o CC Bill Routley ([email protected]), John Horgan  ([email protected]), Andrew Weaver ([email protected]) on all letters

o Send all letters and replies to [email protected]

Write letters to the editor – try to keep these under 250 words and link them to other current stories in the papers (eg. World Water Day, Nestle controversy, drought conditions and the need to protect dwindling sources of drinking water).

  • Support SRA’s legal action plan through donations –

Letters to the Editor – Email Addresses

Shawnigan Focus: [email protected]

Victoria Times Colonist: [email protected] Cowichan Valley Citizen: [email protected] Cowichan News Leader: [email protected] Island Tides: [email protected]

Victoria News: [email protected]

Vancouver Sun: [email protected] Vancouver Province: [email protected] The Globe and Mail: [email protected] National Post: [email protected]

CBC Radio: [email protected]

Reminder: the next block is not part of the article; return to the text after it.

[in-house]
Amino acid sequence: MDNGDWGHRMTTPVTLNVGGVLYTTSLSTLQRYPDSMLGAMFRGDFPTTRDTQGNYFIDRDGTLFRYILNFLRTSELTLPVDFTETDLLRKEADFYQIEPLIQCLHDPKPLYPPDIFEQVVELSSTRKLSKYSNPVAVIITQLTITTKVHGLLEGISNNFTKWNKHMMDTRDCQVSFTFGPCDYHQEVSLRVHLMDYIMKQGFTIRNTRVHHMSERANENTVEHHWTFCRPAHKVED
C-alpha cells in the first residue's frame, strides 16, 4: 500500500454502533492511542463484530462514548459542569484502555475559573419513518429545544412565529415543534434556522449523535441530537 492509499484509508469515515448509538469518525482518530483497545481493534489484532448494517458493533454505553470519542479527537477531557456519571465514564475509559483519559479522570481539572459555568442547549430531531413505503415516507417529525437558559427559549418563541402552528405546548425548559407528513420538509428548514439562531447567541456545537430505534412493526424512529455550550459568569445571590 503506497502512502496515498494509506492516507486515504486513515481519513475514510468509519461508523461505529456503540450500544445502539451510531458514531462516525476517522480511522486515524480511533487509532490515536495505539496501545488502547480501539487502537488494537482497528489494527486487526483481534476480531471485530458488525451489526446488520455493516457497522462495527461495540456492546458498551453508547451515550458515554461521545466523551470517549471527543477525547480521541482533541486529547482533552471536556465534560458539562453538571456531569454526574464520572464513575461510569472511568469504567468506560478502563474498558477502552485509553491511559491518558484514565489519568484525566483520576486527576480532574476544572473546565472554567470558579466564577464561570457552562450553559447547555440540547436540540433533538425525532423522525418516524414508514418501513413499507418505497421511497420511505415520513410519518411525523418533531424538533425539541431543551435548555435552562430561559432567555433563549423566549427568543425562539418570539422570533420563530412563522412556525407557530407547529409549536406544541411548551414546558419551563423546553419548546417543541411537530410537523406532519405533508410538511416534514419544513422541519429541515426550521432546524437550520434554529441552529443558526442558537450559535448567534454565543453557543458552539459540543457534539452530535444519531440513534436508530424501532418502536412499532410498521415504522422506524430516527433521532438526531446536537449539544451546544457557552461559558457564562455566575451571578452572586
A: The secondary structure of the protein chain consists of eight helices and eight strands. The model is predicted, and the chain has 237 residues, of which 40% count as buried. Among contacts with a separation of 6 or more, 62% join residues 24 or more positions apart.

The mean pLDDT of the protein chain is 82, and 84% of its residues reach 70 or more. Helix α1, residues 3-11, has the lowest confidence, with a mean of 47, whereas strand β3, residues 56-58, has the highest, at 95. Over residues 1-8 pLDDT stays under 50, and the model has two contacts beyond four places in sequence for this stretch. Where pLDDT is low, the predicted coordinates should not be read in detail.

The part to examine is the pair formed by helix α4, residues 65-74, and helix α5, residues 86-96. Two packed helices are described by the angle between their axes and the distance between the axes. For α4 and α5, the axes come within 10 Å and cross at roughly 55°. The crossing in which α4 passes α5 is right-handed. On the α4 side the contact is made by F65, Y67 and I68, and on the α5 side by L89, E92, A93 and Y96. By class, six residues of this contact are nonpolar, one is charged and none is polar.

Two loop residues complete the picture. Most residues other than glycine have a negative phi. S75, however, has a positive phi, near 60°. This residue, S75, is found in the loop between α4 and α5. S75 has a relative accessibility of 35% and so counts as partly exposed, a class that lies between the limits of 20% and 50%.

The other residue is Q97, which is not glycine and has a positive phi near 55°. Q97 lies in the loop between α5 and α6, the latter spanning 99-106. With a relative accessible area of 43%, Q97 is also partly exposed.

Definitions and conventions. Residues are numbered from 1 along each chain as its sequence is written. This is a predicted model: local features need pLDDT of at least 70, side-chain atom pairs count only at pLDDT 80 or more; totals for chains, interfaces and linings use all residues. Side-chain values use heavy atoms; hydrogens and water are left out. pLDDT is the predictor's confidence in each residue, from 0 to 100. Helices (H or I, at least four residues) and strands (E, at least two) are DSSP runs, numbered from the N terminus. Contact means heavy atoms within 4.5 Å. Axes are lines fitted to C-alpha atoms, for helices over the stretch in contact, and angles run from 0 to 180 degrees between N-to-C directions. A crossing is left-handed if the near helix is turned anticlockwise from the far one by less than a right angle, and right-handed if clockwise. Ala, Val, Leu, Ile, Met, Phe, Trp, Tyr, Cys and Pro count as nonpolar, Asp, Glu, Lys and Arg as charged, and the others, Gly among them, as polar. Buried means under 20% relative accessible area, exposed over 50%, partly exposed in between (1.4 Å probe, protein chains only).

Provincial Cabinet Email Addresses

(All addressed as “Honourable”)

Premier Christy Clark: [email protected]

Mary Polak, Minister of Environment: [email protected]

Steve Thomson, Minister of Forests, Lands, and Natural Resource: [email protected]

Norm Letnick, Minister of Agriculture: [email protected]

Bill Bennett, Minister of Energy and Mines: [email protected]

Rich Coleman, Deputy Premier: [email protected]

John Rustad, Minister of Aboriginal Relations: [email protected]

Andrew Wilkinson, Minister of Advanced Education: [email protected] Stephanie Cadieux, Minister of Children and Families: [email protected] Coralee Oakes, Minister of Community, Sport, and Cultural Development: [email protected]

Peter Fassbender, Minister of Education: [email protected] Michael de Jong, Minister of Finance and Government House Leader: [email protected]

Terry Lake, Minister of Health: [email protected]

Teresa Wat, Minister of International Trade: [email protected]

Shirley Bond, Minister of Jobs, Tourism, and Skills Training: [email protected] Suzanne Anton, Attorney General and Minister of Justice: [email protected] Michelle Stilwell, Minister of Social Development and Social Innovation: [email protected]

Amrik Virk, Minister of Technology, Innovation, and Citizens’ Services:

[email protected]

Todd Stone, Minister of Transportation and Infrastructure, Deputy House Leader:

[email protected]

Naomi Yamamoto, Minister of State for Tourism and Small Business:

[email protected]

Mailing addresses can be found at